(October 2, 1942) — Mrs. Mary Donohue, 70 years old, and a widow for 23 years, still has hopes for her sailor son, although the navy department this week announced he was lost when the oil tanker on which he served was torpedoed and sunk last January.
The tanker Astral was reported hit by a torpedo and sunk on Dec. 2, 1941, killing all 37 aboard.
"Bill was a rover and he knew his way around," she said bravely yesterday, displaying spirit that belied her age. "You can bet that if there was a way a man could save himself, Bill found it."
She explained that since not one man from the tanker had been found either dead or alive, it was possible all had made their way to some uninhabited island and were there now, unable to contact civilization.
"Or maybe they were captured and are aboard one of them submarines somewhere in the Atlantic," she suggested hopefully. "I read about that happening lately, and you never can tell."
She revealed that since news of the tanker’s sinking in Central America reached her last midwinter, even the Vatican in Rome had been enlisted in an attempt to trace the seamen in prison camps.
Nothing was learned, however, so Mrs. Donohue, who lives with her daughter and son-in-law (Tom Cafone) at Shepard place, is operating on the old theory that "no news is good news."
Navyman In Last War
The missing man’s record shows much evidence that he would, indeed, know his way around even in Nazi haunts. Thirty-nine years old, and a native of Portchester, N.Y., William J. Donohue, entered the navy during the last war and had followed the sea ever since.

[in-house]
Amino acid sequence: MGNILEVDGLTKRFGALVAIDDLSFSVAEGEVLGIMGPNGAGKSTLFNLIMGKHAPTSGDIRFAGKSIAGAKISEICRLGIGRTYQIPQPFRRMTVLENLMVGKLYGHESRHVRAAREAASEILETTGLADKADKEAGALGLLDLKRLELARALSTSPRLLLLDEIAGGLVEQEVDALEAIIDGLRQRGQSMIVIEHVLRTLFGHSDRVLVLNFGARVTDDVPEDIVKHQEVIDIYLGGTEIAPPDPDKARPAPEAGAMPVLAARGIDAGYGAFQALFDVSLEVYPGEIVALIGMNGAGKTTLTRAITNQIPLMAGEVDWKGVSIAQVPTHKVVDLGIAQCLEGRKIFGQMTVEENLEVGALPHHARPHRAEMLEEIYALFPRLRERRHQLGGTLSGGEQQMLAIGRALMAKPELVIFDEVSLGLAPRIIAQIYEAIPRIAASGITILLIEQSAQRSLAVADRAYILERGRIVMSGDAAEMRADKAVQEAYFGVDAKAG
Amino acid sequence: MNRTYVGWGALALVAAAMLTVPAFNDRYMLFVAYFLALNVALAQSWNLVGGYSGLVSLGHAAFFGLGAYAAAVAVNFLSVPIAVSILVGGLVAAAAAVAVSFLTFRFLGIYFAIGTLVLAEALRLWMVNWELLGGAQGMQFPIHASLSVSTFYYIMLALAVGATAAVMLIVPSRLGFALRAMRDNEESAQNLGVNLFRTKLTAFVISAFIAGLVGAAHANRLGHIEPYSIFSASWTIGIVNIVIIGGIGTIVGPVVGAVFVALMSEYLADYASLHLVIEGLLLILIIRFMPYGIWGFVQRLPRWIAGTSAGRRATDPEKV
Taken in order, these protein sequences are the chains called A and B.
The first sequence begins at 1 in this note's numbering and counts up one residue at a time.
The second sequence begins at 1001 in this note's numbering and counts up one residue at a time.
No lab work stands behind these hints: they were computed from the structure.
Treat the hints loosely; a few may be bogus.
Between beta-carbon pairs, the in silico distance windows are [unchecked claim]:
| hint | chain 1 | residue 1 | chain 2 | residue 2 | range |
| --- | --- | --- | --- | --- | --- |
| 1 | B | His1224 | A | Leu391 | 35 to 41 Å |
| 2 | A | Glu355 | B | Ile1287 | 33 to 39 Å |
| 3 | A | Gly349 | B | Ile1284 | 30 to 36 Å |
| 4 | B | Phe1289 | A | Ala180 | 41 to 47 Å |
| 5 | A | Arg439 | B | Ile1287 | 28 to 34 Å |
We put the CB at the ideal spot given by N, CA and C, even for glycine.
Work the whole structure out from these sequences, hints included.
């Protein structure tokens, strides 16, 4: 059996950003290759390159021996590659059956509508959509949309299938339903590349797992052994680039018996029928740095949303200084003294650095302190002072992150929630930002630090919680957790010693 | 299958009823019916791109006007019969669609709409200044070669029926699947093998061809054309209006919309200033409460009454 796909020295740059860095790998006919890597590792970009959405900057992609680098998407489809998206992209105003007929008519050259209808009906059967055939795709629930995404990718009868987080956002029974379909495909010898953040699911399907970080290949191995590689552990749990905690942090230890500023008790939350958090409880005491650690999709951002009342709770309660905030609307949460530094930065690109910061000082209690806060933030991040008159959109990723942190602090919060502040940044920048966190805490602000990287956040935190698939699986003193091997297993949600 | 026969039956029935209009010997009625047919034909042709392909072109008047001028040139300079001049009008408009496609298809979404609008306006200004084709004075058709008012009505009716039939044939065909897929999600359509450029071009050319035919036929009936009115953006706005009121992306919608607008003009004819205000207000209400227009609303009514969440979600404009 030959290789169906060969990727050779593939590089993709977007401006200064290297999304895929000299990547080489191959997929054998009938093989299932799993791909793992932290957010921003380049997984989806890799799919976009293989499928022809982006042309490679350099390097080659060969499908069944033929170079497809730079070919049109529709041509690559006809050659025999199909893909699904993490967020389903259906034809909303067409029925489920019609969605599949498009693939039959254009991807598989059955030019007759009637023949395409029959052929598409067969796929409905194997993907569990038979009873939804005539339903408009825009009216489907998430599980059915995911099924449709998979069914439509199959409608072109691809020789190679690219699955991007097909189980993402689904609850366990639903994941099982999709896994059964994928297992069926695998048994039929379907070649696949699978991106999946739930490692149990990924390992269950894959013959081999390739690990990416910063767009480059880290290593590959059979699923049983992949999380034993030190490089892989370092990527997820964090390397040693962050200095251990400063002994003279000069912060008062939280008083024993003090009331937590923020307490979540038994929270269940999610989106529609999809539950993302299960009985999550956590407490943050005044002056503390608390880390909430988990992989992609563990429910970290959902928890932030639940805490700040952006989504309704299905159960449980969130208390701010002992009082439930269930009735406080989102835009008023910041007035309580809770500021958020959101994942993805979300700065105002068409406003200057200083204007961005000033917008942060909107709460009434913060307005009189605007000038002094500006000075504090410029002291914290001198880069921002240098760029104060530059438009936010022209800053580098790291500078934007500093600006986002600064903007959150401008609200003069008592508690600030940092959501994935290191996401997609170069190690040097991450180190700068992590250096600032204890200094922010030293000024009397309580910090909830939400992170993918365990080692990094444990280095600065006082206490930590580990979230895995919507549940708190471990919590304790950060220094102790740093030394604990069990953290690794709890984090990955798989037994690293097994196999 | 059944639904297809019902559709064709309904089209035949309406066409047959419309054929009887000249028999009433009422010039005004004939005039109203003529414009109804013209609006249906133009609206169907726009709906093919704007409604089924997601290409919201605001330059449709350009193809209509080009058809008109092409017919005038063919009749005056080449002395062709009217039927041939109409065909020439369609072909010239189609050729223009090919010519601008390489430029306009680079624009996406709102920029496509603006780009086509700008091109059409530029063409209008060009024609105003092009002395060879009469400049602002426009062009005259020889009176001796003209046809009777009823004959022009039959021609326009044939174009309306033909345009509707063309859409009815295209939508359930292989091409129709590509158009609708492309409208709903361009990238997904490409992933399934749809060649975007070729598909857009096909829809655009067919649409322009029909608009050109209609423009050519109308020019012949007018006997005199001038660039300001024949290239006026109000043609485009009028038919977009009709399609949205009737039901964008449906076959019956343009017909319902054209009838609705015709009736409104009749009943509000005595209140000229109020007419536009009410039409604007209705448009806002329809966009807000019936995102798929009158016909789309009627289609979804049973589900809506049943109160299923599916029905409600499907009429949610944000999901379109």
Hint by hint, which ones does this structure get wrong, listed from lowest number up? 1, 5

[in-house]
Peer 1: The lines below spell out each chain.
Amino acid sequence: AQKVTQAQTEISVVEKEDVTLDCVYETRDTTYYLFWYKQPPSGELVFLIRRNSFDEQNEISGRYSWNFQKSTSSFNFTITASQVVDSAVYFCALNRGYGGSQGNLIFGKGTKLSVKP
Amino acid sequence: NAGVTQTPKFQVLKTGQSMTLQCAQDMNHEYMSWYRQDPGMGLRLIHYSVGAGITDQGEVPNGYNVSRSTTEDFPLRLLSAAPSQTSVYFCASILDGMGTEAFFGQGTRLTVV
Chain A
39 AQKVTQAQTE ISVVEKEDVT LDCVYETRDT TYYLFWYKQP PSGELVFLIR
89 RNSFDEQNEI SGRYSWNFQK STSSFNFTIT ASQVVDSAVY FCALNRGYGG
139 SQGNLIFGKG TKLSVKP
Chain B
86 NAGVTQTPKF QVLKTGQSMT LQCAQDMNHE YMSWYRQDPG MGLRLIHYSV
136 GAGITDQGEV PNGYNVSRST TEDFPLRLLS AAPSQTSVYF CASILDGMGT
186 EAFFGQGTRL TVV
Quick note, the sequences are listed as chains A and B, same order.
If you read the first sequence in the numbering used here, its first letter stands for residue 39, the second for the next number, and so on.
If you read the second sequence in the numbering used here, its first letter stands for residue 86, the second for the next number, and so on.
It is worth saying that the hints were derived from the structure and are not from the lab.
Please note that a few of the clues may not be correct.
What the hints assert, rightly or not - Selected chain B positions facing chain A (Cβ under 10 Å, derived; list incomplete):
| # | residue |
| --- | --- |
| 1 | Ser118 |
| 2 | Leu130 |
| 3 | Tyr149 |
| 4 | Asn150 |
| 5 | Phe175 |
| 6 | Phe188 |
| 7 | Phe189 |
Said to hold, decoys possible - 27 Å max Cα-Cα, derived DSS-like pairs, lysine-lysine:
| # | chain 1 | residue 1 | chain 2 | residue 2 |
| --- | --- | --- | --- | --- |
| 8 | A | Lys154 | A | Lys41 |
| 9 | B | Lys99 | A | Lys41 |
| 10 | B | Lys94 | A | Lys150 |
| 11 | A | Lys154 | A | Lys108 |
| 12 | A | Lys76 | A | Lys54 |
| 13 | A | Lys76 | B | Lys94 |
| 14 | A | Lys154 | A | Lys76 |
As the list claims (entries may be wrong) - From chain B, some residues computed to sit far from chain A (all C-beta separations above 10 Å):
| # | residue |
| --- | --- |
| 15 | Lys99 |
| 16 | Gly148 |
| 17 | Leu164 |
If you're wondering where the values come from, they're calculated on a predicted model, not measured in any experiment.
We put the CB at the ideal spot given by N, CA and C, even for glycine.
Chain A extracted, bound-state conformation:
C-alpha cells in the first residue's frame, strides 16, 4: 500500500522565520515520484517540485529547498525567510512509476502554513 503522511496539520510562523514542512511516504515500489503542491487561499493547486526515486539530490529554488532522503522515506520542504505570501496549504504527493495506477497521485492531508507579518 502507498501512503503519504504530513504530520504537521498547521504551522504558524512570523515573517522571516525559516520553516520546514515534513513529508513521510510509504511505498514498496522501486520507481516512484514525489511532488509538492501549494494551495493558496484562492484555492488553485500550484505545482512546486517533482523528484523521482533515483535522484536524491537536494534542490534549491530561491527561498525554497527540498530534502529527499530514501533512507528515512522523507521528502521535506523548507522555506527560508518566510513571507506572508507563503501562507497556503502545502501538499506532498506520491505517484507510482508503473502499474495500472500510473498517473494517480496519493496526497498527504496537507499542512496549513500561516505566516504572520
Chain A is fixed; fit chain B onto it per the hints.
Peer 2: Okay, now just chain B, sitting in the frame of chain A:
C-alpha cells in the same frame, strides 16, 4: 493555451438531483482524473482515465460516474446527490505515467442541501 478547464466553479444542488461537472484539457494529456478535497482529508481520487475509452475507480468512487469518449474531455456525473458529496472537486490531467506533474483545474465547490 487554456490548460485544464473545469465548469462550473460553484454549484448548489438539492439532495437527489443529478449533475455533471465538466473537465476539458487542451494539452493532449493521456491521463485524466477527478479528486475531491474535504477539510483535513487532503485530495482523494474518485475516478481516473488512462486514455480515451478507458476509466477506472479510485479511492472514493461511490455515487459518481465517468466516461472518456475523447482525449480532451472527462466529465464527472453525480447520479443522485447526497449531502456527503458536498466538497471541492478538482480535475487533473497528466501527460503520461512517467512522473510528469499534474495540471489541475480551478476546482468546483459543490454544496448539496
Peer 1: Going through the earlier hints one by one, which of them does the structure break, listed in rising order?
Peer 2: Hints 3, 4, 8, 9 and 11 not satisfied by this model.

He held one or two shore jobs, but his feet always "itched" and he returned to blue water, his mother said. His father was an undertaker.
He had been on his last vessel, a Socony-Vacuum Oil company tanker, for two years and was able-bodied seaman and quartermaster.
His last letter, a few penciled notes, came from Central America just before his final voyage last December. "I can’t tell you where we’re going, but I won’t be home for Christmas," he wrote.
Mrs. Donohue said Bill sometimes mentioned the danger of a tanker in wartime, "but never let that bother him." He’d been in plenty of tight spots all his life and "always knew where to go and what to do in any emergency," she declared proudly.
Never a permanent resident here, Donohue listed his mother’s address as his home and had visited here.
His loss was reported by the navy in a casualty list that included 18 New Jersey merchant seamen dead and 76 missing from Sept. 27, 1941 until the present. The national total was 2,300 dead or missing.